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Thread: C-41 Stain

  1. #1

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    C-41 Stain

    I am processing 4x5 sheets in a Jobo Expert Drum using Kodak C-41 and the minimum chemistry (210ml) for the drum one-shot. Getting stains and streaks that are sometimes visible in the film, sometimes not. The drums are not leaking. (that had been a problem once with E-6) I am using a wash between all of the steps. Using the recommended rotation speed for these drums and temperature. Attached is a section of a film. The stains are in the direction of rotation. I am using a pre-heat and a pre-rinse. i do not think I had the problem on previous batches but since they are not all scanned, it is possible that I missed seeing this. Only have two ideas. One is to increase the speed which I do not think will help. The other is use more chemistry. Hate to do this since Kodak is making this stuff very hard to get and very expensive. As in I had the fixer back ordered for nearly three months with Calumet and when it came the bottles were 5L rather than 10L and 30% more per bottle. Any ideas would be appreciated.

    Chuck
    Attached Thumbnails Attached Thumbnails Stain.jpg  

  2. #2

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    I had a staining issue that appears to have been caused by running the Jobo at the lower rotation speed. Not sure if a higher speed would help.

    For chemicals, have you tried the Rollei Digibase? It seems they are repackaged Fuji-Hunt C41 chemicals.

  3. #3
    Terry Christian's Avatar
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    C-41 Stain

    I don't have a JOBO, but is it possible to remove the drum periodically and give it a bit of random manual agitation during development? That might help to avoid rotation marks.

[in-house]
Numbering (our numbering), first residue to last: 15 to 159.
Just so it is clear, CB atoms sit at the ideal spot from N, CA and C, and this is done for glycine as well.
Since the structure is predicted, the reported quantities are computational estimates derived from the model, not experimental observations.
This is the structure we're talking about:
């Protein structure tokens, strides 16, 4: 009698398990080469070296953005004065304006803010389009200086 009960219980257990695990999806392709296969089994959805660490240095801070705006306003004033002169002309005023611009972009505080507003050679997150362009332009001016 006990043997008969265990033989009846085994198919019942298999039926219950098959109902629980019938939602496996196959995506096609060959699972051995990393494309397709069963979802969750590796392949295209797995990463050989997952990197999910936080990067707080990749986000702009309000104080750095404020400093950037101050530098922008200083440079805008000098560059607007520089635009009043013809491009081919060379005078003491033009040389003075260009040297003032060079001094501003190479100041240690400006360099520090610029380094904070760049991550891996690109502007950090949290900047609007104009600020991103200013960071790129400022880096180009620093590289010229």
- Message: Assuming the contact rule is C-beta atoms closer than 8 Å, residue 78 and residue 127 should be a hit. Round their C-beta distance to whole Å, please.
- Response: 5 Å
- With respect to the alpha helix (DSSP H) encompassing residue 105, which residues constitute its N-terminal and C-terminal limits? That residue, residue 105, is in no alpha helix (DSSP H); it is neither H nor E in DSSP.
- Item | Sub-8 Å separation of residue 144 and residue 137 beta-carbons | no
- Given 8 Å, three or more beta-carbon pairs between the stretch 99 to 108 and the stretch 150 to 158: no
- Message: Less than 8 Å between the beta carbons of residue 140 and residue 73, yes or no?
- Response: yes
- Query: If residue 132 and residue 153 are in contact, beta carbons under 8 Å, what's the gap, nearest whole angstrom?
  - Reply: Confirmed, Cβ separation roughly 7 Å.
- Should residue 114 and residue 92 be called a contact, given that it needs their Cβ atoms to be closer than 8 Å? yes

4. #4

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    Quote Originally Posted by Terry Christian View Post
    I don't have a JOBO, but is it possible to remove the drum periodically and give it a bit of random manual agitation during development? That might help to avoid rotation marks.
    Possible? Yes, but probably not advisable. From what I could tell on the net, some of the Jobo machines had rotation speed options that are just a little too slow. However, all of their machines have at least one speed option that is sufficient to avoid streaks/stains.

  5. #5
    Rudeofus's Avatar
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    I had similar stains with C41 processing (hand tank, not rotary) and these went away for good when I began to use a stop bath and a wash between CD and BLIX/bleach. Be careful which kind of stop bath you use, PhotoEngineer has on a few occasions advised against citric acid which is used in most commercial B&W stop bathes.
    Trying to be the best of whatever I am, even if what I am is no good.

  6. #6
    Photo Engineer's Avatar
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    This almost looks like a shadow not a stain.

    However, if it is truly a stain, make sure you use a prewet and use a stop after the developer.

    PE

  7. #7

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    Quote Originally Posted by Photo Engineer View Post
    This almost looks like a shadow not a stain.

    However, if it is truly a stain, make sure you use a prewet and use a stop after the developer.

    PE
    What serves as a stop? Will a 1.5 minute wash with water suffice?

  8. #8
    Photo Engineer's Avatar
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    Use 1 - 2 % Acetic Acid.

    PE

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    Quote Originally Posted by Photo Engineer View Post
    Use 1 - 2 % Acetic Acid.

    PE
    Thanks. I just ran a roll through in which I used a stop bath between the developer and bleach stages. I will post a scan later today or tomorrow.

  10. #10

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    Quote Originally Posted by tnabbott View Post
    Thanks. I just ran a roll through in which I used a stop bath between the developer and bleach stages. I will post a scan later today or tomorrow.
    Wow! What a revelation. The stop bath makes a huge difference. See attached (not art, but was available):
    Attached Thumbnails Attached Thumbnails Coffee Beans in Dirty Canister.jpg  

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